liu.seSearch for publications in DiVA
Change search
CiteExportLink to record
Permanent link

Direct link
Cite
Citation style
  • apa
  • ieee
  • modern-language-association-8th-edition
  • vancouver
  • oxford
  • Other style
More styles
Language
  • de-DE
  • en-GB
  • en-US
  • fi-FI
  • nn-NO
  • nn-NB
  • sv-SE
  • Other locale
More languages
Output format
  • html
  • text
  • asciidoc
  • rtf
Meerkats (Suricata suricatta) are able to detect hidden food using olfactory cues
Linköping University, Department of Physics, Chemistry and Biology, Biology.
2018 (English)Independent thesis Advanced level (degree of Master (Two Years)), 40 credits / 60 HE creditsStudent thesis
Abstract [en]

Meerkats are known to strongly rely on chemical communication in social contexts. However, little is known about their use of the sense of smell in food detection and selection. The aim of the present study was therefore to assess whether meerkats are able to (1) detect hidden food using olfactory cues, (2) distinguish the odour of real food from a single food odour component, and (3) build an association between the odour of real food and a novel odour. I employed the buried food test, widely used with rodents to assess basic olfactory abilities, designed to take advantage of the propensity of meerkats to dig. I found that the meerkats were clearly able to find all four food types tested (mouse, chicken, mealworm, banana) using olfactory cues alone and that they successfully discriminated between the odour of real food and a food odour component. In both tasks, the animals dug in the food-bearing corner of the test arena as the first one significantly more often than in the other three corners, suggesting development of an efficient foraging strategy. No significant association-building between a food odour and a novel odour was found within the 60 trials performed per animal. I conclude that meerkats are able to use olfactory cues when foraging and that their sense of smell is well-adapted for recognizing specific odours of behavioural relevance. To the best of my knowledge, this is the first study to successfully employ the buried food test with a carnivore species.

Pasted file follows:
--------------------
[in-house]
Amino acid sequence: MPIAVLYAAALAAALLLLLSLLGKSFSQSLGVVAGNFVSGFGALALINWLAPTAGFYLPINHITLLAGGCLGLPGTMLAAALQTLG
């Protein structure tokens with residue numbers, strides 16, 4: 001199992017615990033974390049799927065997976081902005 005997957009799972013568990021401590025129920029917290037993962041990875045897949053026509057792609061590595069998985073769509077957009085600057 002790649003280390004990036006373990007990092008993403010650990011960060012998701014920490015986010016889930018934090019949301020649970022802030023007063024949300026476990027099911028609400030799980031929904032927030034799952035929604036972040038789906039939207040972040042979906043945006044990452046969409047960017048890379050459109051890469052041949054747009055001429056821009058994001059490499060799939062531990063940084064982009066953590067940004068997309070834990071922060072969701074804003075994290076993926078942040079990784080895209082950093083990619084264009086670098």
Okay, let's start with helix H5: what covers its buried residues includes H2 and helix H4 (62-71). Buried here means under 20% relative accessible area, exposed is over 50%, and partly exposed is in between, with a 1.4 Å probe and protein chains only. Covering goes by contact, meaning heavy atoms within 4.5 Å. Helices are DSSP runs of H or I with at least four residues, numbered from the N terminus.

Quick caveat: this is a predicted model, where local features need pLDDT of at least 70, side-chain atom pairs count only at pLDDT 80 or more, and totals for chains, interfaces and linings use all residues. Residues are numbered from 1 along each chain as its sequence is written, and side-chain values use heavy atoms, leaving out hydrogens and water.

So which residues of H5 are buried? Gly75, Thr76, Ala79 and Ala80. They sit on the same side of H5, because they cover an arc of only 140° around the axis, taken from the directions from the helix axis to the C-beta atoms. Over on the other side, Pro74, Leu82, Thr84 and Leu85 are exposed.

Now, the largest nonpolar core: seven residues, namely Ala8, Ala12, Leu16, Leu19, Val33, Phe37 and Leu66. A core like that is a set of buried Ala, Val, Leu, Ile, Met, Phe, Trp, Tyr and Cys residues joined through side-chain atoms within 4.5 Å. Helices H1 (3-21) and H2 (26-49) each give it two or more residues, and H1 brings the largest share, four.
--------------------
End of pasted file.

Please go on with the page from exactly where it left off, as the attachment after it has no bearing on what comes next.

Place, publisher, year, edition, pages
2018. , p. 33
Keywords [en]
Buried food test, food odour, foraging, meerkat, olfaction, Suricata suricatta
National Category
Behavioral Sciences Biology
Identifiers
URN: urn:nbn:se:liu:diva-151238ISRN: LITH-IFM-A-EX--18/3465--SEOAI: oai:DiVA.org:liu-151238DiVA, id: diva2:1248046
External cooperation
Kolmårdens djurpark
Subject / course
Biology
Supervisors
Available from: 2018-09-14 Created: 2018-09-13 Last updated: 2018-09-14Bibliographically approved

Open Access in DiVA

fulltext(1805 kB)342 downloads
File information
File name FULLTEXT01.pdfFile size 1805 kBChecksum SHA-512
5f0e7a920a47627f0c81514afa789c702dcfef49664ff7e9da52b55c5c4985e6b5ea47b70cac2dae8de5d58739869818d284cfdf39ccb9072bb23d6f5886599c
Type fulltextMimetype application/pdf

Search in DiVA

By author/editor
Sörensen, Ida
By organisation
Biology
Behavioral Sciences Biology

Search outside of DiVA

GoogleGoogle Scholar
Total: 342 downloads
The number of downloads is the sum of all downloads of full texts. It may include eg previous versions that are now no longer available

urn-nbn

Altmetric score

urn-nbn
Total: 341 hits
CiteExportLink to record
Permanent link

Direct link
Cite
Citation style
  • apa
  • ieee
  • modern-language-association-8th-edition
  • vancouver
  • oxford
  • Other style
More styles
Language
  • de-DE
  • en-GB
  • en-US
  • fi-FI
  • nn-NO
  • nn-NB
  • sv-SE
  • Other locale
More languages
Output format
  • html
  • text
  • asciidoc
  • rtf